In the current climate of belt tightening, shelling out cash for software or services like online storage may well be luxuries you can't afford. Or, you may prefer using free software from small or independent developers regardless of your finances.
Here's part one of our Mac money-savers. In part two, we'll reveal a dozen must-have free programs for your Mac.
Free stuff from Apple!
You can get a number of things for free from Apple, and, crucially, they're worth having. We're not just talking about software, either. For example, in Apple Stores you can go to any Mac on display and go online for free, check your emails and even log in to iChat or MSN and have a conversation.
The same goes for using other Apple stuff, and you can generally pick up an iPod or iPhone and try before you buy. In the bigger Apple Stores there are even seating areas where you can take your laptop, plug it in and use its WiFi.
The iTunes Store has been phenomenally successful as a way to buy music and movies, and quite often you can get free content through it as well. Podcasts are always free, but sometimes bands will make a track or a music video available as a free download as a way of promoting other material. Generally they're only free for a limited time and there can be geographical restrictions.
There are also weekly promotions, such as free music Tuesdays, where between one and three songs can be freely downloaded by logged-in users. More recently with the launch of the App Store in iTunes, you can also download a host of free games and applications for your iPhone or iPod touch. These are helpfully gathered together in a section you can access by clicking the All Free Applications link in the App Store.
Some developers of more advanced App Store applications also tend to make their products free for a limited time to boost popularity, then revert to charging a nominal fee after a set period of time.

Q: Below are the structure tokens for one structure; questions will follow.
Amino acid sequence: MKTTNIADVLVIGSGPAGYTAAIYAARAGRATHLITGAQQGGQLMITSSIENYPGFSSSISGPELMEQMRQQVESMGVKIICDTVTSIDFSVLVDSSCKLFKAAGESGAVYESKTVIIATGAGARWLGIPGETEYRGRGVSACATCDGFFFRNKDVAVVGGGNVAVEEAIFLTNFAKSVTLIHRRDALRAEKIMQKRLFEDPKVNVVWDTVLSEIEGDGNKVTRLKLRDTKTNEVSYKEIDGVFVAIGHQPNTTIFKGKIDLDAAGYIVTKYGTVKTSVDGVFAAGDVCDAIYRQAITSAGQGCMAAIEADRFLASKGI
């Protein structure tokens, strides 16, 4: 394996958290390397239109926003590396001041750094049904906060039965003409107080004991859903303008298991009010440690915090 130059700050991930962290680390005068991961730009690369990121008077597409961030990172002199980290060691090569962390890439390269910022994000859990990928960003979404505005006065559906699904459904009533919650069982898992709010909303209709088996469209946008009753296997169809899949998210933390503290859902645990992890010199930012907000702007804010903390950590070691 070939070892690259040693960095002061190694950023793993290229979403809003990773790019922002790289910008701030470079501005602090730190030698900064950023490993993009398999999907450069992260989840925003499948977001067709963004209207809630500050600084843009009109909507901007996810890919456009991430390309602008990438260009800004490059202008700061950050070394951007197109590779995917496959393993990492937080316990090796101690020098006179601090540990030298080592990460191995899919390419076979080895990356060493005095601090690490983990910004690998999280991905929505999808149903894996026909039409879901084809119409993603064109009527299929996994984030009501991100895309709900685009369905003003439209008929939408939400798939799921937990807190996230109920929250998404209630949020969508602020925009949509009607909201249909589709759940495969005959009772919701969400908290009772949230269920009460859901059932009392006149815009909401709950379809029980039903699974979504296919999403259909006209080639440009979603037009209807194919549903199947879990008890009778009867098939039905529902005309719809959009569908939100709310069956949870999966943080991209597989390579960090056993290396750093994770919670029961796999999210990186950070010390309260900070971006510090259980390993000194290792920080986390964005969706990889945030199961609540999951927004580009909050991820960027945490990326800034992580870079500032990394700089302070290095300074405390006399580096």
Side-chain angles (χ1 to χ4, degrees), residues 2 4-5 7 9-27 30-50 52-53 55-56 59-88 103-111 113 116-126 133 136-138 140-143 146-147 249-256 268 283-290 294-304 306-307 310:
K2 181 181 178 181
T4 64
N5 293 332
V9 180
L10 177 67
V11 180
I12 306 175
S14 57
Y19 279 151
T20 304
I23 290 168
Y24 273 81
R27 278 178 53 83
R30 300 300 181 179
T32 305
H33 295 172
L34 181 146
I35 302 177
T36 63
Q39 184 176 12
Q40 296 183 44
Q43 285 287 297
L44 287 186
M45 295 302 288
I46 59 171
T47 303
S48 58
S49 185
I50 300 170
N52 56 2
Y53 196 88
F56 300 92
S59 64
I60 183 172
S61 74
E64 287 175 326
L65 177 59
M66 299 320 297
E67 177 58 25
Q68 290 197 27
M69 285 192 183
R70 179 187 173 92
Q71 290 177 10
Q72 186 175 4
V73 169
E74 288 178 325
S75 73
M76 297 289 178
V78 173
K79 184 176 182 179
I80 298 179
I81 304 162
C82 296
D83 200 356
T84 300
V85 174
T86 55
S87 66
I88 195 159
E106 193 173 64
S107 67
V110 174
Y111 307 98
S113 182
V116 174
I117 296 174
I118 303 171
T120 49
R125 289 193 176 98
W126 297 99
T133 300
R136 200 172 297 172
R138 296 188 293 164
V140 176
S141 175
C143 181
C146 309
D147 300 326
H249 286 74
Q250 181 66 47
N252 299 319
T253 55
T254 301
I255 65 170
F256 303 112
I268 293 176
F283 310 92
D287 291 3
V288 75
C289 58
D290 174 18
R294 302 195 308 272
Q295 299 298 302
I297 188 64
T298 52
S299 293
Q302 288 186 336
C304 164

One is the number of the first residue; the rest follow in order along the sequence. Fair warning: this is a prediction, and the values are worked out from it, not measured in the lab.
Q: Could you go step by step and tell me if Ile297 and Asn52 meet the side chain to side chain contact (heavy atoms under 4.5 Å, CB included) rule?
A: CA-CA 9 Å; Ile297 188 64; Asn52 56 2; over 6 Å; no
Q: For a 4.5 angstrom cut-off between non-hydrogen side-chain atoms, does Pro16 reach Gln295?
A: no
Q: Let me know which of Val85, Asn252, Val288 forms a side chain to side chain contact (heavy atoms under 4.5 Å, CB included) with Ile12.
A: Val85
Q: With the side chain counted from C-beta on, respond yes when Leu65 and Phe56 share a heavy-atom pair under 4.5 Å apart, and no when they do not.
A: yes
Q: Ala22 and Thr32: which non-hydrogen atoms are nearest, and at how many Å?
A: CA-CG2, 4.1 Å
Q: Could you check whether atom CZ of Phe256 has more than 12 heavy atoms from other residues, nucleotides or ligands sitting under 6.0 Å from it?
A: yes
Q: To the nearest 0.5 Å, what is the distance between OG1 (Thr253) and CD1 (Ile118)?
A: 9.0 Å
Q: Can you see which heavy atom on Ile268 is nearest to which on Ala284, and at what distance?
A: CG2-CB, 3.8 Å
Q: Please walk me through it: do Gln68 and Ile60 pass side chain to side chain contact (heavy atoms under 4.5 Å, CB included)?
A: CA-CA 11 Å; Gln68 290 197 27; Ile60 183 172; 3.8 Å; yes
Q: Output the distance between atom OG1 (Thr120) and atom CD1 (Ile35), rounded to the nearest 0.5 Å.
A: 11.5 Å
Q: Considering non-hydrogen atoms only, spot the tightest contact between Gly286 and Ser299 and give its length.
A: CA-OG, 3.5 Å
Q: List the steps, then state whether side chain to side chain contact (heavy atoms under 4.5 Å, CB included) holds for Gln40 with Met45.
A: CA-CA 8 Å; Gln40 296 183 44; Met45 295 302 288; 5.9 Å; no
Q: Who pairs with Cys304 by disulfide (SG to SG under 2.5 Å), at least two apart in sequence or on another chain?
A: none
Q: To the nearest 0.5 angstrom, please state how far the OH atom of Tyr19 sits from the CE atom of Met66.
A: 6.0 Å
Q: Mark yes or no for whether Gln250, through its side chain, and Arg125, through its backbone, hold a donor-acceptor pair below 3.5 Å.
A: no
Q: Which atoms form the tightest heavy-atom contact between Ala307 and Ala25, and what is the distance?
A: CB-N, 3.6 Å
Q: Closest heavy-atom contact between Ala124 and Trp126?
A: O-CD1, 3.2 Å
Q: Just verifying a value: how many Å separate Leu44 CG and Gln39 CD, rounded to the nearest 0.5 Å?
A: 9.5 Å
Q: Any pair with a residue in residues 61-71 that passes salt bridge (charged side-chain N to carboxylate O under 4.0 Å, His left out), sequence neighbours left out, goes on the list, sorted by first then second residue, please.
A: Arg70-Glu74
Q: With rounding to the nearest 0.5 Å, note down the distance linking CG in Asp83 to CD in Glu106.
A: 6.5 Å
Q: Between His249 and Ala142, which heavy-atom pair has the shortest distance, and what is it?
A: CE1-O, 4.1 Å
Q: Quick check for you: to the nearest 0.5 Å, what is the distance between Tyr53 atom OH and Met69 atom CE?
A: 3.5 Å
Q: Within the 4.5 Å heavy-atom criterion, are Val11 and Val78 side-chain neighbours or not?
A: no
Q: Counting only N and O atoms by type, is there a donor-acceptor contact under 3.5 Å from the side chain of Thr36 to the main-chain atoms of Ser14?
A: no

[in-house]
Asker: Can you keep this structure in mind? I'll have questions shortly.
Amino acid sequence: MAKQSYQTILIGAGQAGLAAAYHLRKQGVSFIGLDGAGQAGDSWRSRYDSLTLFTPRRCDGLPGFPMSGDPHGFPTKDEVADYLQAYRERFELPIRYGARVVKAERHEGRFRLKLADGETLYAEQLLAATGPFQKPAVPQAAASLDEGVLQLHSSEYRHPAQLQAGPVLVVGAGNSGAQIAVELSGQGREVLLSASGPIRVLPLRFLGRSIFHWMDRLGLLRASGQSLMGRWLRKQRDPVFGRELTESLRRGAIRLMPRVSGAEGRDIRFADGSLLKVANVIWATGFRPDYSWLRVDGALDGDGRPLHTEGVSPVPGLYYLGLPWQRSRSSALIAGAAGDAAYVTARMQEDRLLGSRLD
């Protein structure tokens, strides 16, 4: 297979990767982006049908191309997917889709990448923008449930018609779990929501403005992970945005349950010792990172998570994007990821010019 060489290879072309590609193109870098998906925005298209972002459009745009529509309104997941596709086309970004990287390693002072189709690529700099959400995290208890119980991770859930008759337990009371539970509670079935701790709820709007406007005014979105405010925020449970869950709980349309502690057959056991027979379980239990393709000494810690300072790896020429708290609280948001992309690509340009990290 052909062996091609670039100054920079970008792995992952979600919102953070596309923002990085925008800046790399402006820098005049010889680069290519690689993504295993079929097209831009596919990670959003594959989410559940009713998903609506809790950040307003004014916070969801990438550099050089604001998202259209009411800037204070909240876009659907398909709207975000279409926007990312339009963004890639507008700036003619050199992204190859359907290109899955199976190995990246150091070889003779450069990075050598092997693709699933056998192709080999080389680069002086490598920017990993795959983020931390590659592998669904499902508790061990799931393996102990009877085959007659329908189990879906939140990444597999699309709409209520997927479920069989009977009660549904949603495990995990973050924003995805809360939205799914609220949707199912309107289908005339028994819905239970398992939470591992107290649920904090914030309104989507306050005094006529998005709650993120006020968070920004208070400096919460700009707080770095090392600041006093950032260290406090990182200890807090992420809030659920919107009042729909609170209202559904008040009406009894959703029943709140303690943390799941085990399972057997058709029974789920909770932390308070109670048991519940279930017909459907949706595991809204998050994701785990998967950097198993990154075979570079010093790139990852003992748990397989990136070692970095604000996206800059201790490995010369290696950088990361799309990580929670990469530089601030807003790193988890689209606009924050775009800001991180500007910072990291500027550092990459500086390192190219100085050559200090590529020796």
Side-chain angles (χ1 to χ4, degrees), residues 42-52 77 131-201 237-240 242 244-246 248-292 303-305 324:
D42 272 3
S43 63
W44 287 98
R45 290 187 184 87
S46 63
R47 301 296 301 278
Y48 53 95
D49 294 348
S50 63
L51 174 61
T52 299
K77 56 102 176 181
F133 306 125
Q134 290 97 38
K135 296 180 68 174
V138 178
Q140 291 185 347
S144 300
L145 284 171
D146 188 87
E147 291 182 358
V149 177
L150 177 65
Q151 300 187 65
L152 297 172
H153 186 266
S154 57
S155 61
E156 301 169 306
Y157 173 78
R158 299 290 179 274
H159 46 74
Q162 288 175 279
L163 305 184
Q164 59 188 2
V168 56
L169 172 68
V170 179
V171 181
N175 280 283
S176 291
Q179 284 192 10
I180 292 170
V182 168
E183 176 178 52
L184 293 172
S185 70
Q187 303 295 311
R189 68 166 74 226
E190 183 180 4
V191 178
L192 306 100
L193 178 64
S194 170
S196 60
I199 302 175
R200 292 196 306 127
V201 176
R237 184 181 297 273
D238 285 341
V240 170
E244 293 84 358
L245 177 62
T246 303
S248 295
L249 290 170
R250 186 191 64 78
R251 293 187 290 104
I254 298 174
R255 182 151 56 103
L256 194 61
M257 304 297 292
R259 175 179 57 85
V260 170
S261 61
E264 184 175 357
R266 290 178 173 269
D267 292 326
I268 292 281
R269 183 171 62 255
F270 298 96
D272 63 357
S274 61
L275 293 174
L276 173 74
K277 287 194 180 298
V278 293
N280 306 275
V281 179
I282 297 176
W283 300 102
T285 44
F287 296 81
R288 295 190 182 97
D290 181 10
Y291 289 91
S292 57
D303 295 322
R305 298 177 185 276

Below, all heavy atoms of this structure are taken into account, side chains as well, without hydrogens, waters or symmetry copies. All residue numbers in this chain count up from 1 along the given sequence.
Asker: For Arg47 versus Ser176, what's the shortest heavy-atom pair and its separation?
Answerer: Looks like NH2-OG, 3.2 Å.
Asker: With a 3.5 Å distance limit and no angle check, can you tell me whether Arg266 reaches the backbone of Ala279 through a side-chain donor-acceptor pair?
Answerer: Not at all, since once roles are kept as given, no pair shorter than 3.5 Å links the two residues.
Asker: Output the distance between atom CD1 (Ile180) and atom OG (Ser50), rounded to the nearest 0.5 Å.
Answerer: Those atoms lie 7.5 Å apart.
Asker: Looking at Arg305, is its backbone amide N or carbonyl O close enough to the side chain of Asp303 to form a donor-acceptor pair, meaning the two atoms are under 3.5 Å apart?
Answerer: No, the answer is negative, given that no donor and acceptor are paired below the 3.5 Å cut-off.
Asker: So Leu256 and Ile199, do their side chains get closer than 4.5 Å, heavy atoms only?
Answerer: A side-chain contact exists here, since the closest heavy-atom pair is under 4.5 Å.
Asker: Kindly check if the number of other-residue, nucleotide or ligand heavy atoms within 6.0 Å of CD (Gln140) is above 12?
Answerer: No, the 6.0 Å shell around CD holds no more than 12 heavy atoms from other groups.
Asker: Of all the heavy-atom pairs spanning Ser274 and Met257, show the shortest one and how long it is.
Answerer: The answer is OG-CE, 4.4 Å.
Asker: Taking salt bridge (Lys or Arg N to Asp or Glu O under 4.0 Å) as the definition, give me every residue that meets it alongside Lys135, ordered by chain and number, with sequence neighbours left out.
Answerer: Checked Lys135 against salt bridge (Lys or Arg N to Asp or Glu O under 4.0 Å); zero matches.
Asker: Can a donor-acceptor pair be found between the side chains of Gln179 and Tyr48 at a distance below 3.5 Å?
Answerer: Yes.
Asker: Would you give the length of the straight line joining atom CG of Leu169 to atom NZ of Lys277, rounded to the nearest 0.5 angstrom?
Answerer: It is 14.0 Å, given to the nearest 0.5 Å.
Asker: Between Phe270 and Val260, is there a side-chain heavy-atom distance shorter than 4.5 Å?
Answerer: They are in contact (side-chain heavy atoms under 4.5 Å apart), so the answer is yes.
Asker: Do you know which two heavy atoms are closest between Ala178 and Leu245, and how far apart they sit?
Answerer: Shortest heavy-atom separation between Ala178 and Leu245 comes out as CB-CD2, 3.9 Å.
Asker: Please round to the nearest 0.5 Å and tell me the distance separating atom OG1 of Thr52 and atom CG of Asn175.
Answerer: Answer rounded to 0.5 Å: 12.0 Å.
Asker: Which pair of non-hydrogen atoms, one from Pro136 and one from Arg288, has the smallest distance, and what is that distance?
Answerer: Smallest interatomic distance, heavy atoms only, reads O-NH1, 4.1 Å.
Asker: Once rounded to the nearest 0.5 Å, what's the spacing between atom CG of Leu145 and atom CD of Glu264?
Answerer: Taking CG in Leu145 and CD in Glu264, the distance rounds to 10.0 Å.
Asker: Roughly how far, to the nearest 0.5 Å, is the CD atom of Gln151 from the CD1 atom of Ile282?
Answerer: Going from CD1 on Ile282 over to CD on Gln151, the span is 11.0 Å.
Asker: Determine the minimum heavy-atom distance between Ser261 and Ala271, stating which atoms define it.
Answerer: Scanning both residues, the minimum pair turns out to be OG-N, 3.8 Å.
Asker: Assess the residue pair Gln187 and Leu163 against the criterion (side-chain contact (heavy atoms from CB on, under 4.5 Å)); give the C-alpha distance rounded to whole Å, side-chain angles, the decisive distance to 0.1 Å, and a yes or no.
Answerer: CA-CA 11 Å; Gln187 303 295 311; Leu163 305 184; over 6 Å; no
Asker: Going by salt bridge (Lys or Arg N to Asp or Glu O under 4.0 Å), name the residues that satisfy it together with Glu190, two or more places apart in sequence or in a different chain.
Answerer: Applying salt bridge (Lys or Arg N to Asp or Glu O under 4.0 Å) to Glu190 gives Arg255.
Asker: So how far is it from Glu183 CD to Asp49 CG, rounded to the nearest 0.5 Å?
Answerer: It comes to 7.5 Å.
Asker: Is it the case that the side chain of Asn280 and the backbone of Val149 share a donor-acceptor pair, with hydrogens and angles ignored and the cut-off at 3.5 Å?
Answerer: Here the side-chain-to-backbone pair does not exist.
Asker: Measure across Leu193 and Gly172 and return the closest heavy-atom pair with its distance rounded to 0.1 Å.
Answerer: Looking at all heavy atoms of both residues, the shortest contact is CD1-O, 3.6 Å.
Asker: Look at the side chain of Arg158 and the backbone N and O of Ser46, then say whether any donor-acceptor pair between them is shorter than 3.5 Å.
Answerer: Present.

There's also a link to iTunes U, which lets you download thousands of pieces of educational content such as lectures and videos on a wide range of subjects from universities and thinkers across the world.
iLife has come free with all new Macs for a good few years, and it's a fantastic suite of programs. When Apple released iLife '08, the company found that some people weren't as keen on the new version of iMovie as the older iMovie 6 HD, as it has a very different way of working.
So Apple made iMovie 6 HD available as a free download for those who have a copy of iMovie '08. It can be downloaded from www.apple.com/support/downloads/imovieHD6.html and has much lower system requirements.
Apple also makes thousands of free widgets available for you to run in Dashboard and enhance your system. They can be found at www.apple.com/downloads/dashboard sorted by category with a typically slick Apple interface and a Top Widgets list to help you see the most popular.
On the Apple Downloads site you'll also find categories of applications, many of which are free, and also freeware plug-ins for apps like Aperture, Final Cut and music software as well as demo versions of some programs like Aperture.
If you're buying from Apple, you may well find that in its online store there are usually special offers on where, for example, you might get heavy discounts on a printer when bought with a Mac. Students or those working in education often do even better as there are frequently special offers, like a free iPod when you buy a laptop.
MobileMe and movie trailers
Apple has recently revamped its .Mac service into MobileMe, and as before you can get a trial membership to test out what it has to offer before committing yourself. You get a restricted amount of storage rather than the full 20GB that comes with a full membership, but all the syncing features should work, and you're not obliged to buy a full membership once the trial is over.
You are also able to use iCal's Publish to web server feature to share your calendars for free on www.icalx.com and there's the option to password protect them as well. Apple also offers free tutorials on its website for various products and services, including iLife, MobileMe and iWork. As you'd expect from Apple these tend to be slick, easy to follow and conducted in relaxed Californian voices.
Apple has for years been offering free movie trailers online. There's nothing too revolutionary about that, but thanks to its server capacity it can offer HD versions of trailers, and provided you have a fast broadband connection you'll be able to watch them at very high quality.